Why Parabens Could Be Bad For You!!!
Walk through any beauty aisle and you’re bound to see multiple products prominently touting their “paraben-free” formulas on the packaging. Perhaps you’re even seeking them out. You certainly wouldn’t be the only one. It’s pretty clear that consumers are moving away from parabens — but why? Turns out it’s not as simple as it seems. To demystify the conflicting opinions around parabens, we turned to experts on both sides of the argument.
Not quite sure what the big deal is? Here’s what you should know.
What are parabens and why are they in so many cosmetics products?
Parabens are a class of chemicals that are used as preservatives in many personal care products, including lotions, shampoos, toothpastes, makeup, and more. There are six types of parabens commonly used in personal care products — methyl-, ethyl-, propyl-, isopropyl-, butyl-, and isobutylparabens — and they all work to help curb bacterial growth and extend the shelf life of those products. “Not having a preservative in a product or having an under-preserved product could mean that there’s bacterial contamination in that product, And, as you can imagine, introducing that product to your skin, your eyes, your mouth — all the places that we use personal care products — could have detrimental effects.”
So then, what’s so bad about them?
While it’s certainly important to keep bacteria at bay, and parabens accomplish that, there’s concern that they can also do some real harm — borne out of the fact that the chemicals (particularly the “long-chain” parabens like butyl-, isobutyl-, propyl-, and isopropylparabens) are considered potential endocrine disruptors. Endocrine disruption is basically the disruption of the normal function of the hormone system, and our hormone system drives all of the functions of our body. Any alteration or disruption to the function of our body can alter growth, development, and reproduction, and brain function, for example. Parabens specifically mimic the hormone estrogen and could thus interfere with the production of that hormone.
If they’re so bad, why haven’t they been banned?
It all comes down to the fact that, while there are concerns, no research has been conclusive enough to convince the FDA to regulate the use of parabens. Published research does not show small amounts of parabens in cosmetics pose a significant risk to health, Says a New York dermatologist Dr. Patricia Wexler, Studies that have been done, show that there haven’t been enough to warrant serious concern. “In science we don’t look at one or two studies that draw conclusions if they’re outside what the large body of data suggests”
Sometimes, though, preservatives are necessary, which leaves companies and consumers who want to avoid them looking to alternatives. There are certainly natural alternatives like grape seed extract, lavender, green tea, & eucalyptus. But there is no ideal solution that fits all skin types.
That said, it’s important to note that “natural” doesn’t necessarily always mean “good.” There are many, many chemicals that are found naturally that we shouldn’t rub on our skin, So, whether you’re looking at parabens or alternative options, look beyond whether they’re natural or synthetic, and to what they actually do.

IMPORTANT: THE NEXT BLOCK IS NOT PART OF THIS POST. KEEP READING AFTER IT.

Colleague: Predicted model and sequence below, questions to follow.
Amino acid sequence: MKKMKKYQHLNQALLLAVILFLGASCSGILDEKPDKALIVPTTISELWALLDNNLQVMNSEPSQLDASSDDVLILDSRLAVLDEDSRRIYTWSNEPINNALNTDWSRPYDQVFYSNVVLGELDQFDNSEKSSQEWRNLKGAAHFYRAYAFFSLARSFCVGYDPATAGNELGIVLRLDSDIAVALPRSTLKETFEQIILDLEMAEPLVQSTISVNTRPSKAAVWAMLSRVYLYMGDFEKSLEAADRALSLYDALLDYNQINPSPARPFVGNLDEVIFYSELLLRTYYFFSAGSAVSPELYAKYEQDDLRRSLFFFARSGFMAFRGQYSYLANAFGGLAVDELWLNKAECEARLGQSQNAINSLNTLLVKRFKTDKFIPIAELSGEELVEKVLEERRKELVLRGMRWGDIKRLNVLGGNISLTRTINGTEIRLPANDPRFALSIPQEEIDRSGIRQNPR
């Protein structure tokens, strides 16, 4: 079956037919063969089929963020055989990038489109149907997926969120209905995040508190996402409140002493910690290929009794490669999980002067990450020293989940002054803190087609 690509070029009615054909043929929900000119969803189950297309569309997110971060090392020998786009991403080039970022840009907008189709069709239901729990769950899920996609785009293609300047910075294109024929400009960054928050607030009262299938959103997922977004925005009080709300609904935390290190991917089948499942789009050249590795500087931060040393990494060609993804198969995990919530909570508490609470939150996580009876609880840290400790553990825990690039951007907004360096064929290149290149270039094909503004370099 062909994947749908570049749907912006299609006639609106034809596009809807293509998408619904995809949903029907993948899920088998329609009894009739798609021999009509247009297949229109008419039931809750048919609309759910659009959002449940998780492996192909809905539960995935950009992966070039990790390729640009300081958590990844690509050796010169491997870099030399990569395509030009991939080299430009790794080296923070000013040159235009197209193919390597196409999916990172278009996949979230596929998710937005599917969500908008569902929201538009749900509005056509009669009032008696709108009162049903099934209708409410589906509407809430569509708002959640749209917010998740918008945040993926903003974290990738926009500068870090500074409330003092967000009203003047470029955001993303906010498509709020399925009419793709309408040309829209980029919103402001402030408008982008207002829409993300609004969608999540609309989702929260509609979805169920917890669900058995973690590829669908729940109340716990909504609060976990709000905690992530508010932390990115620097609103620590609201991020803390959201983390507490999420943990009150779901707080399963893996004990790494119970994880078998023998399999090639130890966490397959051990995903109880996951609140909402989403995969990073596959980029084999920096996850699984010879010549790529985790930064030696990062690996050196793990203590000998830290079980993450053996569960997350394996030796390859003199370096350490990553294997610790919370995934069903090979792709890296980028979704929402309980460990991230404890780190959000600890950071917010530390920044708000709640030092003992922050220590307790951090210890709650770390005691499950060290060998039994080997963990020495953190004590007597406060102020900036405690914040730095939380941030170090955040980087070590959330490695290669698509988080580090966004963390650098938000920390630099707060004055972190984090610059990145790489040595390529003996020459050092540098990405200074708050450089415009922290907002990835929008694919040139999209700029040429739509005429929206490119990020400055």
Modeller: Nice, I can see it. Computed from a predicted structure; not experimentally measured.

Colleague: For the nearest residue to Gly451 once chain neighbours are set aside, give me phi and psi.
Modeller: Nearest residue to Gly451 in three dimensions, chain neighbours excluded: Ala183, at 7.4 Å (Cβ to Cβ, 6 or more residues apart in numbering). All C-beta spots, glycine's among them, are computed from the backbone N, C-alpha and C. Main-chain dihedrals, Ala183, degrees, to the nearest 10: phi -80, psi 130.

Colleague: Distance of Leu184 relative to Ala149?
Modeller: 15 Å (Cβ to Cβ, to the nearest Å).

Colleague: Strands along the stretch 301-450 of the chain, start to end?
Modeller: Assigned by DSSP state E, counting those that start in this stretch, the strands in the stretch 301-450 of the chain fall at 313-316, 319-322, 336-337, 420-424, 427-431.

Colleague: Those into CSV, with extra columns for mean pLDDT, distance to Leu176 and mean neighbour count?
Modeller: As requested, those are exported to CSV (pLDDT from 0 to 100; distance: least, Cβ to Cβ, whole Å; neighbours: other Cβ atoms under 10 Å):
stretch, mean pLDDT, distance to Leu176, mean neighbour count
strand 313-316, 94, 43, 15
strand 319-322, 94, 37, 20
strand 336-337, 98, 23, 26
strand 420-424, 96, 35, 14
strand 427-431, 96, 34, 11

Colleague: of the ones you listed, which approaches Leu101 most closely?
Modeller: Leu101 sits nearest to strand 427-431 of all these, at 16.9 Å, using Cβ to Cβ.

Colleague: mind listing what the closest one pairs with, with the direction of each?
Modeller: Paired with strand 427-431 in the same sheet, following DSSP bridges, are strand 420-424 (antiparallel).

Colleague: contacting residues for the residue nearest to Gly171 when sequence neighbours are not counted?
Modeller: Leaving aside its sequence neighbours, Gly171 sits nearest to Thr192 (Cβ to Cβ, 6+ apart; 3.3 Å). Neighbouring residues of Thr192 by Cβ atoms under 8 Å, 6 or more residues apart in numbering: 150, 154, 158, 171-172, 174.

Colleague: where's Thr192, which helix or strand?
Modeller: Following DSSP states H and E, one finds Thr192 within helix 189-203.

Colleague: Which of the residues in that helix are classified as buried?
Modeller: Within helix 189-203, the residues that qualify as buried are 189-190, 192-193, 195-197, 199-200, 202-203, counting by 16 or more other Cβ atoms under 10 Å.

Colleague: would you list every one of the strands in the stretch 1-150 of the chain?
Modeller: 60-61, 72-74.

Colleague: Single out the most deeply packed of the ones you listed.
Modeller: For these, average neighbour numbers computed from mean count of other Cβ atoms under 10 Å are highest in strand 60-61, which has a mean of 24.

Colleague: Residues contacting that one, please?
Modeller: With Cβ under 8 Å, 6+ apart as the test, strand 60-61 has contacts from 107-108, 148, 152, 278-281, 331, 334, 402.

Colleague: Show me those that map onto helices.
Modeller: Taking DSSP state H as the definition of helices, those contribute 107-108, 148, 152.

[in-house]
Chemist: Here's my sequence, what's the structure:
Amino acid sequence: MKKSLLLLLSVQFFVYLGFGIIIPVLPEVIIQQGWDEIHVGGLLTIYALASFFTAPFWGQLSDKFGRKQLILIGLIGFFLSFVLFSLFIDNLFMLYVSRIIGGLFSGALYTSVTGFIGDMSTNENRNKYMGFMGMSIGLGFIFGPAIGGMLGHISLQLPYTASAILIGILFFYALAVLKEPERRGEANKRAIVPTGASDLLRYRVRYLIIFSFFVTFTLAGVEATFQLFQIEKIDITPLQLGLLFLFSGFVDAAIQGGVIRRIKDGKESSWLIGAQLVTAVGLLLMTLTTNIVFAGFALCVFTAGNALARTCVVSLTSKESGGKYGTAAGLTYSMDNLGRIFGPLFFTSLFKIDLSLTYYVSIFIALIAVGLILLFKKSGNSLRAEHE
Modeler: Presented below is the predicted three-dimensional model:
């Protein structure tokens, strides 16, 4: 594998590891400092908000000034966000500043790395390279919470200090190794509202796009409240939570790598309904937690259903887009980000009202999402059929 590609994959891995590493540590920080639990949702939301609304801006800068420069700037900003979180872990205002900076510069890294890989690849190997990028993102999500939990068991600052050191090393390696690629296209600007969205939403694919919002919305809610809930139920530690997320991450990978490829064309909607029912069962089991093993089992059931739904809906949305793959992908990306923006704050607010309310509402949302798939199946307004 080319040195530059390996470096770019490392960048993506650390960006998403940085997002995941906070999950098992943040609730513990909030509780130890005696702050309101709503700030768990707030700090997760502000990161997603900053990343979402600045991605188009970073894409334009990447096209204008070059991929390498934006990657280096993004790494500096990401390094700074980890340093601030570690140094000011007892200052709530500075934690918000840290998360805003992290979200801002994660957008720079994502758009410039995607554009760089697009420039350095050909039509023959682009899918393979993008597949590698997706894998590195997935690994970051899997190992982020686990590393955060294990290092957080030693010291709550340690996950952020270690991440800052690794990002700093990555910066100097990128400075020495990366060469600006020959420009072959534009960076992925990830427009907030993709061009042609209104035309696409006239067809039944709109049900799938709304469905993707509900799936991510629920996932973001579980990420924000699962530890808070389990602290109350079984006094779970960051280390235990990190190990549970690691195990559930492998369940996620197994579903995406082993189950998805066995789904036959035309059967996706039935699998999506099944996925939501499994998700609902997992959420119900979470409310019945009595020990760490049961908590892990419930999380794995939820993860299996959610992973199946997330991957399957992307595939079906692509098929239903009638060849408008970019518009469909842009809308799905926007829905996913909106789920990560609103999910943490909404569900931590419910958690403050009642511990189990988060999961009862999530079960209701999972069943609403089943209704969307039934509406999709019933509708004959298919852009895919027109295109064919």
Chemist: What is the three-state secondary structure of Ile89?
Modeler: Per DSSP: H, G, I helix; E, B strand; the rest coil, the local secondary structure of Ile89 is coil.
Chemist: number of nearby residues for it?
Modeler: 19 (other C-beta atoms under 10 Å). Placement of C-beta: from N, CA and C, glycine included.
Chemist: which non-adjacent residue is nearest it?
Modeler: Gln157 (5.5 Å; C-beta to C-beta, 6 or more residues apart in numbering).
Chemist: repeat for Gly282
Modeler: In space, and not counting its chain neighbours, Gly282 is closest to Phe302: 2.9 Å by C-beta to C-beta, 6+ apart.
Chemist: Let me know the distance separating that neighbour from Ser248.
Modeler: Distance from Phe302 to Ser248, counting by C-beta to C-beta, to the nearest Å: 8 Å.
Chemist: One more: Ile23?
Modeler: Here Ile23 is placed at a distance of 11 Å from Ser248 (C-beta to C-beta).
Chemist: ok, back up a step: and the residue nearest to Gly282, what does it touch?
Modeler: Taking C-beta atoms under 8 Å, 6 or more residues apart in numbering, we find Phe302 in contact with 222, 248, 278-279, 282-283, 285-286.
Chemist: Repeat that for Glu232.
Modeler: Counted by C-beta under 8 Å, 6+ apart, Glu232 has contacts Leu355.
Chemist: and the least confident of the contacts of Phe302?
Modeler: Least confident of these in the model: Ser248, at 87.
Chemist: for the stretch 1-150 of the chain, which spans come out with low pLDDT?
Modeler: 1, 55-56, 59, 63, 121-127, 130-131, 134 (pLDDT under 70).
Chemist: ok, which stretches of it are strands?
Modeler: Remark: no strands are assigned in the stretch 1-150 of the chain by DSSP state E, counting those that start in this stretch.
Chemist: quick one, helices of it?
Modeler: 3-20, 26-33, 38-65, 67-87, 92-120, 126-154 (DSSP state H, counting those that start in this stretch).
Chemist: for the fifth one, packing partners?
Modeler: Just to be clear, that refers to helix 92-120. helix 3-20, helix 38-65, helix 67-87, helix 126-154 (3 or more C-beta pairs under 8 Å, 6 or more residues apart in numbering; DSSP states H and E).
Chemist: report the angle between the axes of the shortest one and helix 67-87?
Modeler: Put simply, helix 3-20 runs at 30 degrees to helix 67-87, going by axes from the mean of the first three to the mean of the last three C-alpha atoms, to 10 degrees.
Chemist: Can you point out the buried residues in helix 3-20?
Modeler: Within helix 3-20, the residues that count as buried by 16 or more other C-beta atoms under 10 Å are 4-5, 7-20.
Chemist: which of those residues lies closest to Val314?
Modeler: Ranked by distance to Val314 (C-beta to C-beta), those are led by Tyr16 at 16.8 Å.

It’s also important to know as a consumer that the absence of parabens doesn’t automatically qualify a product as safe. The fact that it doesn’t have parabens says nothing about what it does have in there. In many cases parabens could be replaced with something equally as hazardous, or more hazardous in some cases. So we advise shoppers not to focus on the claims on the front of the package, but actually to look at the ingredients themselves.
Of course, unless you happen to be a toxicology expert, that’s easier said than done. So many products have long ingredient lists full of words that are difficult to pronounce, much less understand. That’s where the EWG’s Skin Deep database could come in really handy, though. The database contains information on more than 65,000 cosmetics products, which it scores based on more than 60 regulatory and toxicity academic industry databases that contain studies on various ingredients. You can search specific products you’re already aware of by name (or by scanning bar codes with the Healthy Living app), or use the database to discover new, safe alternatives. Each product listed has a score from 1 to 10, with 1 being the best and 10 being the worst. And if a product you’re curious about isn’t in the database, you can still get information the specific ingredients it contains.
What’s the bottom line?
If you’re buying your cosmetics from a large, reputable cosmetics company, these companies have regulatory and safety departments that make sure all these current regulations are being followed for their formulations. So these things are well understood, well regulated, and well taken care of when you’re buying from a company that basically follows the rules. Now if you’re ordering something over the Internet from a company in China, or from somebody who’s making this stuff at home in their bathtub and you’re buying it on Strawberry Net, that’s a different story. Either out of ignorance — someone may not know the regulations if they’re making some small, handcrafted brand…or they may just be willfully ignoring the rules if they’re some fly-by-night overseas Internet company.”
Of course, the science can be overwhelming, as can any reports of potentially harmful effects in your products. And if you’re concerned about parabens, it’s certainly fine to try to go without — as long as you take the time to at least do some research on whatever may be taking their place.